continues. “Your local cheese maker or artisan bread baker speaks from the heart. You have conversations, you stay in their houses and they open their farms for you to smell the coffee early morning. It’s the same, but yet a different experience.”

I love New York-style markets. They engage, present highquality goods; there is a buzz markets. They engage, present high-quality goods; there is a buzz that you cannot describe. You keep on going back.” “In places like Tuscany, there is a totally different dynamic,” she

The Banting market stand, featuring carb-free treats. The friendly ladies of Korean Street Food. Cupcakes on offer from the market’s patisserie.

also aims to establish a close relationship with the nearby Macassar township, part of greater Paardevlei. Macassar Pottery has already successfully established a partnership here.



here is nothing quite like filling a shopping basket with mouthwatering organic produce, homemade baked goods and artisanal craft beer, while inhaling seducing aromas and humming to live music. Welcome to the farmers’ market experience.

Food trucks parked at the market.

The market’s mission is to create a communal space. Here, adults and younger people are working together to establish a small-scale food provider in the area. The market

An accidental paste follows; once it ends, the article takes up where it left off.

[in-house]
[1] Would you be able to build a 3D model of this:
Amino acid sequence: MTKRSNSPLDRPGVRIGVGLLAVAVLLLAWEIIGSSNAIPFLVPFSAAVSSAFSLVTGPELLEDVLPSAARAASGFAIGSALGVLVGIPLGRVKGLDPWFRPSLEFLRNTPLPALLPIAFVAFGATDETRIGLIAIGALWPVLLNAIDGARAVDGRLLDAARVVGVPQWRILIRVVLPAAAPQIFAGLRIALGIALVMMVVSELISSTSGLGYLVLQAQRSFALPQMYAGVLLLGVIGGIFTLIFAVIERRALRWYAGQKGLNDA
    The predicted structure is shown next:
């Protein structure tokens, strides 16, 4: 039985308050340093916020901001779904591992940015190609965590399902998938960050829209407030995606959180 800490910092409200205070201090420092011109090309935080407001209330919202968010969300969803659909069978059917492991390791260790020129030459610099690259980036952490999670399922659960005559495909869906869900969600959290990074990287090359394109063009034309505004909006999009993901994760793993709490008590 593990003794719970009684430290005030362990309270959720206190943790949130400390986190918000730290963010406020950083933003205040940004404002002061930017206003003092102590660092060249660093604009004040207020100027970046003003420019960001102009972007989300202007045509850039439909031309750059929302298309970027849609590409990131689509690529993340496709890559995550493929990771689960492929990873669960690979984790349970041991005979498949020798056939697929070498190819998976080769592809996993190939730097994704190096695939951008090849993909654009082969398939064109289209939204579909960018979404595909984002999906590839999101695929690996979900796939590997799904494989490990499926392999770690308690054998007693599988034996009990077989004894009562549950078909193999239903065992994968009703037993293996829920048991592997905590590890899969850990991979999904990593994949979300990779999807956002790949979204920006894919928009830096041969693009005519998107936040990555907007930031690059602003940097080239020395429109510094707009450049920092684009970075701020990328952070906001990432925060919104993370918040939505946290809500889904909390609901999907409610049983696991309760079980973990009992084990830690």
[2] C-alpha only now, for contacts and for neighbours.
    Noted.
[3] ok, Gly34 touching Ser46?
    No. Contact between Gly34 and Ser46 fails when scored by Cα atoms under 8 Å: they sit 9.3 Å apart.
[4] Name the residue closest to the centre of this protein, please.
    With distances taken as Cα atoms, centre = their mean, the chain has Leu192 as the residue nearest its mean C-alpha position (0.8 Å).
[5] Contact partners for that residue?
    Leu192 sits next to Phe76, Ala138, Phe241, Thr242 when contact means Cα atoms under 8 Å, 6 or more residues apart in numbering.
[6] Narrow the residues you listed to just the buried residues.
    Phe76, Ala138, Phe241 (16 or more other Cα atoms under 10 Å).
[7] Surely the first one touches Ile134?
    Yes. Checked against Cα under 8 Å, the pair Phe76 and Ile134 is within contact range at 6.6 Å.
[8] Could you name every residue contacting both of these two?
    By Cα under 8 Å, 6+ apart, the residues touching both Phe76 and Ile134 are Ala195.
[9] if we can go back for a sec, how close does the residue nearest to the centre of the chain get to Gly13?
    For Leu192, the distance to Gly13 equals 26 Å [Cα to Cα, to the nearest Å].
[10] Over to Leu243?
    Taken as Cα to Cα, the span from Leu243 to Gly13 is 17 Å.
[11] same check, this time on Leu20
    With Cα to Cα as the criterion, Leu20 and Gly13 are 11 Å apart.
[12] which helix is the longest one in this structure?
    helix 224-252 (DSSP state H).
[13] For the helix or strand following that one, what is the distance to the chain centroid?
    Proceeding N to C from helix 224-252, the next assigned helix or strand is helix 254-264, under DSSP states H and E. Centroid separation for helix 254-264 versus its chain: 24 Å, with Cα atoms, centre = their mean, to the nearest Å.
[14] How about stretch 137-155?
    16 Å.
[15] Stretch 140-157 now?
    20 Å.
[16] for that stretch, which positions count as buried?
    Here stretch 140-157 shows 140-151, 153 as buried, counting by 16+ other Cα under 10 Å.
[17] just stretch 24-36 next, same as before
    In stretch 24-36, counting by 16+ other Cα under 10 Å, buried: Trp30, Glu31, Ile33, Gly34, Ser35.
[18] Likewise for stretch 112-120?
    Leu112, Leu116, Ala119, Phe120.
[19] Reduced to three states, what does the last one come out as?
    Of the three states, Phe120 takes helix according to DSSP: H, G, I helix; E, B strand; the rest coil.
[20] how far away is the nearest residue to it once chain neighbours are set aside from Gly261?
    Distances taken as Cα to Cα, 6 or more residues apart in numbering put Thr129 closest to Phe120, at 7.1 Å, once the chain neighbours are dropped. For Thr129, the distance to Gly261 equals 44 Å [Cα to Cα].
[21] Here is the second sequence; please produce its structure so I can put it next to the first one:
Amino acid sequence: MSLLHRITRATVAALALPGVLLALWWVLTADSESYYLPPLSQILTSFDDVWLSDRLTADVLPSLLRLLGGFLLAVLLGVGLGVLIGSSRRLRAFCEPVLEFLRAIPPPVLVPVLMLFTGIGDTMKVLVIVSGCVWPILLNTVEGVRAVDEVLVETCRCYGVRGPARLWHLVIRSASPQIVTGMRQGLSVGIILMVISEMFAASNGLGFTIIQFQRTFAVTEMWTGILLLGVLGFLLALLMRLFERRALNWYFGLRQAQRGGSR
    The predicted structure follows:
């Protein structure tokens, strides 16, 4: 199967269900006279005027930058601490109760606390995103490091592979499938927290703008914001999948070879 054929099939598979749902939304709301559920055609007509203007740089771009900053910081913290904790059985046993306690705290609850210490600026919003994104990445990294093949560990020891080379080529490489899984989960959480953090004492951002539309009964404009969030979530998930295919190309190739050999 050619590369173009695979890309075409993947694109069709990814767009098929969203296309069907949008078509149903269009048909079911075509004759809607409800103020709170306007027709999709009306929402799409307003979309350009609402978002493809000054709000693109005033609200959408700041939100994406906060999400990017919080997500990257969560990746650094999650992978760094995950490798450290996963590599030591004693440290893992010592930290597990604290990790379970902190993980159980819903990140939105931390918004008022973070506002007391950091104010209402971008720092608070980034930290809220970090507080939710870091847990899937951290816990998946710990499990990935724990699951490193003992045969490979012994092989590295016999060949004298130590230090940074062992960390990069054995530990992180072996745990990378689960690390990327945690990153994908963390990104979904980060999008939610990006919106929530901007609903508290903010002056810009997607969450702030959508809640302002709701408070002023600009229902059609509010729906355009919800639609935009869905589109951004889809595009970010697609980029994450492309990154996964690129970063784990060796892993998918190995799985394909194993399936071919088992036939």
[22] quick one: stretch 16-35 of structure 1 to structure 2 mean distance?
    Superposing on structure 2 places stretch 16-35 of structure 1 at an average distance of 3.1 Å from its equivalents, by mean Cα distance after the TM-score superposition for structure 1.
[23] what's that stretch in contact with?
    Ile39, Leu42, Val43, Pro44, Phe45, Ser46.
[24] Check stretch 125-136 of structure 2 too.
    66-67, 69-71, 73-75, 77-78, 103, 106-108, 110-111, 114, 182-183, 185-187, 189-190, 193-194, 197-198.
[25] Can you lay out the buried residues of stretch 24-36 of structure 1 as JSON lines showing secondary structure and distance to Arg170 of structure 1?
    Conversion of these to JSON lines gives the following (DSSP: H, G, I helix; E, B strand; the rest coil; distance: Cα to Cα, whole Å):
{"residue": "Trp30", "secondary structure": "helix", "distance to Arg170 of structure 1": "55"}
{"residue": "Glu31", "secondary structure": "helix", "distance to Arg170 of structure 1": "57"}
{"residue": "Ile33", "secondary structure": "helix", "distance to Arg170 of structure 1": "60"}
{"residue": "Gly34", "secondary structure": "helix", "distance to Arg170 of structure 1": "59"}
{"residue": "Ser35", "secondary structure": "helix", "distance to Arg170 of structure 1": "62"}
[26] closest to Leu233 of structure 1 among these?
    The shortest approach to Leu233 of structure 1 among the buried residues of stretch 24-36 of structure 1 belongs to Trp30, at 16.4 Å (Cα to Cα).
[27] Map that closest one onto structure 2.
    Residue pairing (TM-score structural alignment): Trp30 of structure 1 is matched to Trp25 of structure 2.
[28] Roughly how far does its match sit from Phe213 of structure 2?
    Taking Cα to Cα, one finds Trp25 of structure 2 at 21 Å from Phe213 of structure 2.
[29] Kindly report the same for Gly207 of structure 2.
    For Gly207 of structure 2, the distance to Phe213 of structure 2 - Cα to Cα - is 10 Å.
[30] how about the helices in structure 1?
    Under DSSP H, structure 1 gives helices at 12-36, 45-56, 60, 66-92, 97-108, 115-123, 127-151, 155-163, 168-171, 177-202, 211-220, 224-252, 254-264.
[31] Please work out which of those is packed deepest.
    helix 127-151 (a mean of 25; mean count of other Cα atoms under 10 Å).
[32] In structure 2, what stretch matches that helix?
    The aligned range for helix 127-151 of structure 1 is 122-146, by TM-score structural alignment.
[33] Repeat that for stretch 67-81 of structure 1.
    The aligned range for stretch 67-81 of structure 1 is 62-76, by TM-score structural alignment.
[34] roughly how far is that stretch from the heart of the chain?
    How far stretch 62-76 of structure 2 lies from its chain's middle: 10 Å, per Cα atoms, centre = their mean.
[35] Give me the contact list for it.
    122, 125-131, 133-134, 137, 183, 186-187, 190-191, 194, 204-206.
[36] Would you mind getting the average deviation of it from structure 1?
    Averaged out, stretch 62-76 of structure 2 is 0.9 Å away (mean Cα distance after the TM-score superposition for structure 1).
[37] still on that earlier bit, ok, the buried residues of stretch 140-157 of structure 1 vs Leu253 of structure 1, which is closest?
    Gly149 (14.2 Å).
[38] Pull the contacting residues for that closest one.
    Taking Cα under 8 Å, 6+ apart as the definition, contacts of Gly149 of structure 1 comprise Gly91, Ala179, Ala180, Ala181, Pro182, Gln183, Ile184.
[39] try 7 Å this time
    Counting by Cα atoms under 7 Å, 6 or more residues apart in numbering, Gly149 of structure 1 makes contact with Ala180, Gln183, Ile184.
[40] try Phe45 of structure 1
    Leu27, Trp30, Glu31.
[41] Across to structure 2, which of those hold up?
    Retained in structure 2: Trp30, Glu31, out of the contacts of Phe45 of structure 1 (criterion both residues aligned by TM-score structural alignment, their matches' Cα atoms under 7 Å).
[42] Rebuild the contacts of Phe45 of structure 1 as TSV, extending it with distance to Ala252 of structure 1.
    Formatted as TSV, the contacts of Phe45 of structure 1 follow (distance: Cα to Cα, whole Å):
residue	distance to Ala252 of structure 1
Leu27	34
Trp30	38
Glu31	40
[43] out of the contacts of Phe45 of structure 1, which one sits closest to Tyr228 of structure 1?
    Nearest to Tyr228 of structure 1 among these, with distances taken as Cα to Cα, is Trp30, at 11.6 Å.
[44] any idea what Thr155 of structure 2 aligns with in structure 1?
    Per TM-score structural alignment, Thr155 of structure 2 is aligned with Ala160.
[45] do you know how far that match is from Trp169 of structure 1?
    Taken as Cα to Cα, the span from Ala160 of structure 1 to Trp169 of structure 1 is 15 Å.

The market has also taken hands with #unfenceSA to document the life stories of community members, young and old. Until today, Macassar has been tremendously isolated from Somerset West, being surrounded by the N2 national road, wetlands, a sand mine and a dynamite factory. By creating spaces where locals can own their history and start curating their own stories, the market is slowly building bridges of friendship across these physical fences that are keeping the people of the Helderberg basin apart. Aiming to enhance Somerset West’s under-utilised, public green spaces, Elsje hopes to create demonstration gardens for hands-on community-wide food gardening education, which will, in turn, increase access to fresh vegetables. This initiative’s ultimate goal is to serve as an educational resource for small scale organic food produce for the Somerset West/Helderberg residents, and to provide a recreational space for everyone. Essentially, Paardevlei Farmers’ Market is more than just a market. It educates and stands as a weekly must-visit space, to stock up on local foods and produce, and to enrich your life by soaking up the truly dynamic and inspiring space.


The Somerset West Journal


EATING OUT in Somerset West

interior is tastefully decorated with slick, contemporary furnishings. High ceilings are complemented by chandeliers dripping with crystals, which frame a bar featuring a giant, blue wall lined with wines.


Benguela on Main